I used to get into that one all the time with my ex. Somehow, I was supposed to understand what he thought and how he felt without him telling me anything about it. When I asked him about his feelings or his needs, he would sometimes tell me: “we’ve been together long enough; you should know!”

Well, sorry mister, but I’m not a mind reader.

I have to admit that I expected this of him as well. Somehow, I believed that he could guess my state of mind. (Although he was pretty observant and a good judge of what others are feeling/thinking, it still isn’t okay.) This belief turned catastrophic for our relationship.

Somehow, people in relationships think that they know their partners better over time, which leads to some laziness about communication.

In a famous study by Swann & Gill (1997), people in relationships were asked to answer questions about their partners. The longer they were in the relationship, the more confident they felt about the accuracy of their answers.

However, their accuracy wasn't always so accurate. In truth, they were accurate only 40 percent of the time. But as they grew more familiar with each other, people confidently believed that their accuracy improved by nearly 100 percent.

Basically, we don’t know other people well, but we think we do.

Does mind-reading still seem like a reasonable expectation to you? It seems even more ridiculous after seeing this data.

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3. People don't change.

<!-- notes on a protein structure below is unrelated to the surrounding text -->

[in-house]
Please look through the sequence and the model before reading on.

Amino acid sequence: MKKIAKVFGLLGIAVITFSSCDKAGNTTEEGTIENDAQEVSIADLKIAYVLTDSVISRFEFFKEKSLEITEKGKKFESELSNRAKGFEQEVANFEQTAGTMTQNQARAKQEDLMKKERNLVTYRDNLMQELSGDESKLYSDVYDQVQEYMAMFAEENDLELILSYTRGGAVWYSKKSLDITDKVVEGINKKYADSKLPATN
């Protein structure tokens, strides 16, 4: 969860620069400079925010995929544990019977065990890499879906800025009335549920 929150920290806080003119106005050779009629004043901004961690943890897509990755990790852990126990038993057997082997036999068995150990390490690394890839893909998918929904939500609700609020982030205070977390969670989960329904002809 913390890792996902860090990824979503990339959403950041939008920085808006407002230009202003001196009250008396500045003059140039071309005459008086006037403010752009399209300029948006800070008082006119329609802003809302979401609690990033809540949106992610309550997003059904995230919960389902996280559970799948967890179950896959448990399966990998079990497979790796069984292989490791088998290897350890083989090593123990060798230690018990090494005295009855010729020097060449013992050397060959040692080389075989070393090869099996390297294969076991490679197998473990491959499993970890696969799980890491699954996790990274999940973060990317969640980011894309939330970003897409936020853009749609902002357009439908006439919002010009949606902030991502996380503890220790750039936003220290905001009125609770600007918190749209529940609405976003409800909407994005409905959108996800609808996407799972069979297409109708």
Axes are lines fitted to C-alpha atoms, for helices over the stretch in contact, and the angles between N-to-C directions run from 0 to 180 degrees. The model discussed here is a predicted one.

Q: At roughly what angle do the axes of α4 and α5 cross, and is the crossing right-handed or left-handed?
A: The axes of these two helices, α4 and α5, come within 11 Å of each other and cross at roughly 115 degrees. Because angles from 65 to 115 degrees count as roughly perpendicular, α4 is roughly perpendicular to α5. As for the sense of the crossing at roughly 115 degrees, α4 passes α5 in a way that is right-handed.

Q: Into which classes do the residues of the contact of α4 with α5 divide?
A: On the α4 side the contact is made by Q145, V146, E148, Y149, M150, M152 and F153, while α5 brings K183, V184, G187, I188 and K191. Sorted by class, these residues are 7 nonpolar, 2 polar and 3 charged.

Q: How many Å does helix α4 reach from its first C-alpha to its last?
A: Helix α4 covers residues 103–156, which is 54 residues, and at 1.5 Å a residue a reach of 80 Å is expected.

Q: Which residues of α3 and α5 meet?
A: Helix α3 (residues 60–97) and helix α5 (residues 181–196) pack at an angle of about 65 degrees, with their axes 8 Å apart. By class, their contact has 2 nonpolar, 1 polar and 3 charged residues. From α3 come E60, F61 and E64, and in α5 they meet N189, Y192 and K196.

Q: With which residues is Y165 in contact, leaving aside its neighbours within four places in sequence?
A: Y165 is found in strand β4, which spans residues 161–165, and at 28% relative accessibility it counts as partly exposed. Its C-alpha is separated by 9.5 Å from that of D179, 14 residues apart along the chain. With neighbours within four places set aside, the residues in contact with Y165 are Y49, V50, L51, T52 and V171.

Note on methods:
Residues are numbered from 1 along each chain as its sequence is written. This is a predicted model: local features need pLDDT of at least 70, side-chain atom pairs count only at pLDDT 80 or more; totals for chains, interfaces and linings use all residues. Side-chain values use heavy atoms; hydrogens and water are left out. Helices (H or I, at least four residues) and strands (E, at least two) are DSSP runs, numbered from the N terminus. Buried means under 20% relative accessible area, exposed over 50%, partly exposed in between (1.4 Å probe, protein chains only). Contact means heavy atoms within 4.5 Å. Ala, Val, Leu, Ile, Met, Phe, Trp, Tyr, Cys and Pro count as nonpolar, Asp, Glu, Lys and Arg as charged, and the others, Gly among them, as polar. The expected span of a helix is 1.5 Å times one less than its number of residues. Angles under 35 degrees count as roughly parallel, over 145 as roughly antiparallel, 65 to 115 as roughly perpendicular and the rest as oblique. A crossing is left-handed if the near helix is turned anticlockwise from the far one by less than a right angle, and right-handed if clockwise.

Many people believe that their partners don’t or won't change.

We complain, “You’re not the person I married/fell in love with."

But why would they be? People change — all the time. Even at a biological level, the cells in our bodies are replaced again and again over time.

There’s a process in psychology called attribution bias, defined as, "a cognitive bias that refers to the systematic errors made when people evaluate or try to find reasons for their own and others' behaviors."

One example of this is how we tend to believe that our own good traits and deeds are based on stable, unchanging characteristics.

When you do something nice, you think, “I’m a good person!”

This process also makes us believe that our own bad traits and deeds are based on contextual, temporary characteristics. For example, if you act in anger or do something wrong, you tend to put the blame on circumstances rather than your own traits.

Coming home one evening feeling cranky, you snap at your partner for something insignificant. When your partner raises the problem, you put the blame on a bad day at work rather than on you being a bad or mean person.

Interestingly, we tend to do the opposite in regard to other people. We attribute their good deeds to context, and we attribute their bad deeds to unchanging traits.

So, when it comes to the belief that people don’t change, we arguably would apply this belief to their flaws rather than their good side. A partner who cheats is dishonest and unfaithful; a partner who spoils us is in a good mood.

In reality, much of our behavior is actually of the contextual kind. We have tendencies based on our personalities, but we are able to act differently in different circumstances. So if we acknowledge this about ourselves, why do we have trouble acknowledging it in others?

That’s a question for better psychologists than me, but it should make you reflect on how you interpret your partner’s behavior. Maybe they just had a bad day, too?

4. Sex should be mind-blowing every single time.